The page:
A hybrid vehicle blends internal combustion engine and high-voltage electric motor technology to reduce greenhouse gas emissions and increase fuel economy. Energy is stored in a high-voltage battery pack and used by high-voltage electric motors to either drive the wheels directly or assist in driving the wheels through a conventional transmission.
System types include the following:
- Parallel hybrids use the electric motors or the internal combustion engine together or individually to power the vehicle (Toyota Prius Synergy drive).
- Mid parallel hybrids use a compact electric motor to assist the internal combustion engine in driving the wheels (Honda Civic Integrated Motor Assist system IMA).
- Series hybrids use an internal combustion engine to produce electricity that is either stored in a battery or used by an electric motor to drive the wheels (soon to be released Chevy Volt).
- Hydrogen fuel cell vehicles are also a type of series hybrid. The fuel cell provides electricity for storage in the battery or for use by the electric motor that drives the wheels. While there are no production fuel cell vehicles available currently, prototypes from most major manufacturers have been produced (Toyota, GM, Hyundai, Honda etc.).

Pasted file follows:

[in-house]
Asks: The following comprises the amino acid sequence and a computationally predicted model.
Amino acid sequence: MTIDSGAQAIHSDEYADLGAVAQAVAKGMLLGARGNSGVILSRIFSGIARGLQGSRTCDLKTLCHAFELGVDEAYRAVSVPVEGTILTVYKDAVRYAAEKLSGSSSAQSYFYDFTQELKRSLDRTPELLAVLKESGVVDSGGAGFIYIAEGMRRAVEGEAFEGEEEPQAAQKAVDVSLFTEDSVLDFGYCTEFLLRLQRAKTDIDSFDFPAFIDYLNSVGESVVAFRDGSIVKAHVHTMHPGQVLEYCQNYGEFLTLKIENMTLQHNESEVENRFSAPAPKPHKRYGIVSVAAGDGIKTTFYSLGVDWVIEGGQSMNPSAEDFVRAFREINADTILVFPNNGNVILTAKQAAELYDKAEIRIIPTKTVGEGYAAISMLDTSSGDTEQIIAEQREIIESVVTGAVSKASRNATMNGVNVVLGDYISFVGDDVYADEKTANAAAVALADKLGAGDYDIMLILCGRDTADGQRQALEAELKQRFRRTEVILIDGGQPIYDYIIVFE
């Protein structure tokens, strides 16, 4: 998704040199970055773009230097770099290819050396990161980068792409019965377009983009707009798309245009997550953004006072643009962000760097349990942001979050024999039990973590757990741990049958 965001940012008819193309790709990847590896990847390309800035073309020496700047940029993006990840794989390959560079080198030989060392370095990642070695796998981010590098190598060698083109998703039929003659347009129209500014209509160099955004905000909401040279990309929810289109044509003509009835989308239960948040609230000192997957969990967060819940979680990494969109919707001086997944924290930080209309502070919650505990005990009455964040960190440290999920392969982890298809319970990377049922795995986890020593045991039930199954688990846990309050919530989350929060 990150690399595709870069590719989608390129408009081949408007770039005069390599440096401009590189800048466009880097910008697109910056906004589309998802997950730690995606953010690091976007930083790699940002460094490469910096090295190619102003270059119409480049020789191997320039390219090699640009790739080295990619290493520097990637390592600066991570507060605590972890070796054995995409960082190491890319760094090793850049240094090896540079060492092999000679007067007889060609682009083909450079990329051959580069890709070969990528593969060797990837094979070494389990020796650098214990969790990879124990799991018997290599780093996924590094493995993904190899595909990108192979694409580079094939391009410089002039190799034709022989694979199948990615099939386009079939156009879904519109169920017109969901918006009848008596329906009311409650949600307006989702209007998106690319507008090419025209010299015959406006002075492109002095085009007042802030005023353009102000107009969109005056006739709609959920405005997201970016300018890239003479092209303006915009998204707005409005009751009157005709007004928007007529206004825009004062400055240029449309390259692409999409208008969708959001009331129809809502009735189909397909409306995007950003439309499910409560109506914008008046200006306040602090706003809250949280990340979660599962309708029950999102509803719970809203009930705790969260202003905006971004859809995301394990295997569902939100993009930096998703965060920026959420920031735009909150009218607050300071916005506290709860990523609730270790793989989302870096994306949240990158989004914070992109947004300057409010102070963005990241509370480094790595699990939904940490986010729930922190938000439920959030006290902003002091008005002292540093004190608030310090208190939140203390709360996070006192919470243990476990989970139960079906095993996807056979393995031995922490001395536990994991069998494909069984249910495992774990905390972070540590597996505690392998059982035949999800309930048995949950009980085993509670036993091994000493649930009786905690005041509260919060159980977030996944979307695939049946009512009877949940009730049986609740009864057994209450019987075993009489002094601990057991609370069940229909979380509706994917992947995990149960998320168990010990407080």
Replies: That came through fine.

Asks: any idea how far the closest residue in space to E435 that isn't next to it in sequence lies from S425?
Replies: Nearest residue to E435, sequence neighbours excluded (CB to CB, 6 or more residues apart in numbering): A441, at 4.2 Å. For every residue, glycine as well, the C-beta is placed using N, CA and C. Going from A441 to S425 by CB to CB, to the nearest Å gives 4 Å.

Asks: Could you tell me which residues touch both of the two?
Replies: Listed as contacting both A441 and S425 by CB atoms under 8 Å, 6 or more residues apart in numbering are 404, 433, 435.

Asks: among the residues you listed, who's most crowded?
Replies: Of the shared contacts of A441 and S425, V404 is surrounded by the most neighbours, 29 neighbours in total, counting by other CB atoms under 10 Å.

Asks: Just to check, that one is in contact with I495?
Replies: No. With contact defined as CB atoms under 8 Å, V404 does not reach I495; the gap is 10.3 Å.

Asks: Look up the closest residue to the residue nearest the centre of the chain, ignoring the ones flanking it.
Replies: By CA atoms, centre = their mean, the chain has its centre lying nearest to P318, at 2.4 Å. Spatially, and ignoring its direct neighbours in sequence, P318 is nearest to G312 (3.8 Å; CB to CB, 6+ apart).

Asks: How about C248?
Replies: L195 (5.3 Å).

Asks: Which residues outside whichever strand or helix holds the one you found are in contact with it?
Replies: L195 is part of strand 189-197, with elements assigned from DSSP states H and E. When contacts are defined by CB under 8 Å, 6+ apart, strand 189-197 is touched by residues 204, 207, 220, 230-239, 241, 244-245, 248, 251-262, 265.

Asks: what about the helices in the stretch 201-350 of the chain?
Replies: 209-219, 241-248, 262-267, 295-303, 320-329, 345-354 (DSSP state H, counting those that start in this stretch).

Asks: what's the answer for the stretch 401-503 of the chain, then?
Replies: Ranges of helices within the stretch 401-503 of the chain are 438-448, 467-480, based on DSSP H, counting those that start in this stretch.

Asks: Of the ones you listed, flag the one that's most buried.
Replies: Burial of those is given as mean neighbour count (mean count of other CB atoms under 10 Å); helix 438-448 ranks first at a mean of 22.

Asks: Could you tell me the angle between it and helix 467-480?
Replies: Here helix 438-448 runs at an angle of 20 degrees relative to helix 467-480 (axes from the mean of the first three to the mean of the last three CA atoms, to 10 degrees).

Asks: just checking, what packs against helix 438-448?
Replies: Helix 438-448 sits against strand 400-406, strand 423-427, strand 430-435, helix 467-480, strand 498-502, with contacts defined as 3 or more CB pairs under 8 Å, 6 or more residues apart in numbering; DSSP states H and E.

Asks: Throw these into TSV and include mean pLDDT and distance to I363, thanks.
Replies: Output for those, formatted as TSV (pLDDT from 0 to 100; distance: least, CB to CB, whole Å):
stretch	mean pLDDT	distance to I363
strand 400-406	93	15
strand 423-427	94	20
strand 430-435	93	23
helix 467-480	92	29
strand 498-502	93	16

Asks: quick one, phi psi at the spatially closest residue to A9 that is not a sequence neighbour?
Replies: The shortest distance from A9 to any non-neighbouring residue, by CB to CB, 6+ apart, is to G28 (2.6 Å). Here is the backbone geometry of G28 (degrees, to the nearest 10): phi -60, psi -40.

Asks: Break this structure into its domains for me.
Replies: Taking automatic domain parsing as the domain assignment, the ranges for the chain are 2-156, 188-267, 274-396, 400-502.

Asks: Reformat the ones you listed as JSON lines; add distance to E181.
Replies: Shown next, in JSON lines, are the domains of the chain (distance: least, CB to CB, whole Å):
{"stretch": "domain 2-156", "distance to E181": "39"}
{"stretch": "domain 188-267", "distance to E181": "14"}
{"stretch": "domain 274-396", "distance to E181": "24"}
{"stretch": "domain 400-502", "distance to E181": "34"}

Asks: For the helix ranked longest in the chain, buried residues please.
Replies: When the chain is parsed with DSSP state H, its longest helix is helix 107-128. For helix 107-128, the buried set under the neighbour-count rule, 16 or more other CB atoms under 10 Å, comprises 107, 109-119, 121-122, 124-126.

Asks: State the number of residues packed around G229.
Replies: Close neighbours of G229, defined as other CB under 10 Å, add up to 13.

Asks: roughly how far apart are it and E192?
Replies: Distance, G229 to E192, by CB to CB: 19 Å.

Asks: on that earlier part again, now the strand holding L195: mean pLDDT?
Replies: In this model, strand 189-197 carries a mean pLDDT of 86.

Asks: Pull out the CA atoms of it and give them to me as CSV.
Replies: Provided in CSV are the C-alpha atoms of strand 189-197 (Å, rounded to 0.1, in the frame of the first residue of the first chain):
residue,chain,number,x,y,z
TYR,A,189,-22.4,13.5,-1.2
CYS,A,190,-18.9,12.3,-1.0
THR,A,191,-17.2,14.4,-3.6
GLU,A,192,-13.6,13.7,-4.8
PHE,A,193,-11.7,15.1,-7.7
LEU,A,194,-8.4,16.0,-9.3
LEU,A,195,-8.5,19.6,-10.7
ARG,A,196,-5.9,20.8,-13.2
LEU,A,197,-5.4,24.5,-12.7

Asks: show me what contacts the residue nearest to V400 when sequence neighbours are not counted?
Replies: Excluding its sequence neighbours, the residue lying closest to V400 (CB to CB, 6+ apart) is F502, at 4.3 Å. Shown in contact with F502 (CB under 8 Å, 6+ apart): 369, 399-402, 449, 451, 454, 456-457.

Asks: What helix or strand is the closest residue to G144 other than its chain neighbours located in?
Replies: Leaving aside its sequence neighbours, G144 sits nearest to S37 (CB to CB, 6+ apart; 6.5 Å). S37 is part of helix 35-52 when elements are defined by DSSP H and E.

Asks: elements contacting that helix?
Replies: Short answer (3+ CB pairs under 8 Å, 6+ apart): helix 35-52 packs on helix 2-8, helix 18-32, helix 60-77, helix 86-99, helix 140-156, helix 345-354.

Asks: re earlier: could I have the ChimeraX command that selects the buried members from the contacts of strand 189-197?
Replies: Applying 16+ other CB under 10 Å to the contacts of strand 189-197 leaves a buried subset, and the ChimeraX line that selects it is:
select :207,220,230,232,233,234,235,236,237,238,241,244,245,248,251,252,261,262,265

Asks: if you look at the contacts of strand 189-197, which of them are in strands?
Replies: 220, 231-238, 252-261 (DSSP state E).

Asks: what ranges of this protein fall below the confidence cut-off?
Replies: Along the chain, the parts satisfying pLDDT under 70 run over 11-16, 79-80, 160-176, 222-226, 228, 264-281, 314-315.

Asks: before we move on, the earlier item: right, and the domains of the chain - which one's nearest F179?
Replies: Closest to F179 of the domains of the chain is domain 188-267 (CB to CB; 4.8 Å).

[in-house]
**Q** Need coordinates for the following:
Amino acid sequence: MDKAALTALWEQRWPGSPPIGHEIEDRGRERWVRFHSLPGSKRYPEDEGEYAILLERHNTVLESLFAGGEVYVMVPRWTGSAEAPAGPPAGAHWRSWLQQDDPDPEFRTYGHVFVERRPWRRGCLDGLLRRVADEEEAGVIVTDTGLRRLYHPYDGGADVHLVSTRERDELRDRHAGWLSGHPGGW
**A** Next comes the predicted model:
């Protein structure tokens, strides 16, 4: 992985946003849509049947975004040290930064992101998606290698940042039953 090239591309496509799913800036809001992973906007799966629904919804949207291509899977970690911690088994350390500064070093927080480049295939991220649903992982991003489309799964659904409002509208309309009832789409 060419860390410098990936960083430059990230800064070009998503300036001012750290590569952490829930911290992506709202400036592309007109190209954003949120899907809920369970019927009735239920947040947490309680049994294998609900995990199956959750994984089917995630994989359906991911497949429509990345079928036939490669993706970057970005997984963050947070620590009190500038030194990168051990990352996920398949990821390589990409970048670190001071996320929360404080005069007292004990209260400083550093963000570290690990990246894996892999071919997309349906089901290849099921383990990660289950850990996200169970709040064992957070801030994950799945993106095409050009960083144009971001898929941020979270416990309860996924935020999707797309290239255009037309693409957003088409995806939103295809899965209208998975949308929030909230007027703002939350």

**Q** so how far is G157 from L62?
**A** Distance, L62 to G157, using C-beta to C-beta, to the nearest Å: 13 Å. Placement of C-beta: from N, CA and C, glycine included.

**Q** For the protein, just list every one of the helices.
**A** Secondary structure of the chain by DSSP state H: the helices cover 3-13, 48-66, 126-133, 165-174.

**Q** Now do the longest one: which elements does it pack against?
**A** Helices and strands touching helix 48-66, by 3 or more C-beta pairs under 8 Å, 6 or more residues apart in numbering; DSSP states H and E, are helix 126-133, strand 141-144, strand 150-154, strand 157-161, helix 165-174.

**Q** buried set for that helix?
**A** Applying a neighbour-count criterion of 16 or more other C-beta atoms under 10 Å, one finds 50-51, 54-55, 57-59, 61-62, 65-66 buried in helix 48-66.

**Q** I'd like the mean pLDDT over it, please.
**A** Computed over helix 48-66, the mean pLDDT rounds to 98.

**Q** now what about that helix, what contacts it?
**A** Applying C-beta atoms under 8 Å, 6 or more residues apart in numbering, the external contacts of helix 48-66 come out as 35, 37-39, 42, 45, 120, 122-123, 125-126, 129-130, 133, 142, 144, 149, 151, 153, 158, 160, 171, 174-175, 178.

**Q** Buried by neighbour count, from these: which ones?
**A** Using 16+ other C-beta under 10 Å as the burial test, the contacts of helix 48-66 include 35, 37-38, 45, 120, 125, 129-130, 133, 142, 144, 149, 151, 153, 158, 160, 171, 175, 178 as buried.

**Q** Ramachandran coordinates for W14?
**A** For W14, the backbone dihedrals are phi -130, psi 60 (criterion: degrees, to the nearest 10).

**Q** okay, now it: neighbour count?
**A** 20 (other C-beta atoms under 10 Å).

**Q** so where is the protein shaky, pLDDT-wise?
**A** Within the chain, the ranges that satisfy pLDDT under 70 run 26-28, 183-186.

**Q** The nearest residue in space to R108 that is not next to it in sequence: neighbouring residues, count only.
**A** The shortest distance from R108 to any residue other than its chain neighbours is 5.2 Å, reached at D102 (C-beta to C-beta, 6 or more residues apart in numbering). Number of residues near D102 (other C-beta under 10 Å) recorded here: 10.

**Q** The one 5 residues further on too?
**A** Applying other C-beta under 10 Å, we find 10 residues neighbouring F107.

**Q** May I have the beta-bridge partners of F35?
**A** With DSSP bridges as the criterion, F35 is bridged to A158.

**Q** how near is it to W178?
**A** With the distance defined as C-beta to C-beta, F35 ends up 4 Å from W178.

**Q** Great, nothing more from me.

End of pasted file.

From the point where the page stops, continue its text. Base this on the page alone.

Hybrid vehicles usea regenerative braking to capture the vehicle’s forward motion and convert it to electricity that is stored in the battery. Computer controls make this possible by converting the electric motors into generators.
With millions of these vehicles on the road today, they are an important part of our transportation system. Learning how they work and how to safely respond to an incident involving them is an important part of first responder training.
Matt Stroud is a 23-year veteran of Toyota Motor Corporation, a Toyota-certified master diagnostic technician and an ASE certified master diagnostic technician, with 10 years certified in hybrid technology. Matt has completed multiple extrication courses, giving him a strong knowledge base of fire tactics and terminologies. Because of heavy demand from the fire service, Matt founded MGS TECH in 2007 with the goal to teach firefighters/EMS personnel how to safely manage hybrid and new technology vehicle incidents.
Paul Bindon joined MGS Tech in 2008 as a research specialist and on-site trainer and has completed extrication training at the Corona-X seminar. Paul is also an ASE Certified master auto technician with over 23 years experience in the automotive field. He has been employed with Lexus dealerships for the last 16 years, receiving both master diagnostic specialist and hybrid certification through factory training in the latest automotive technologies.
Matt and Paul perform all their own research on new technology vehicles in order to publish MGS TECH’s Hybrid Safety Guide (HRG) and teach the hybrid safety course to firefighters around the country, including a class at the 2010 FDIC in Indianapolis, Indiana.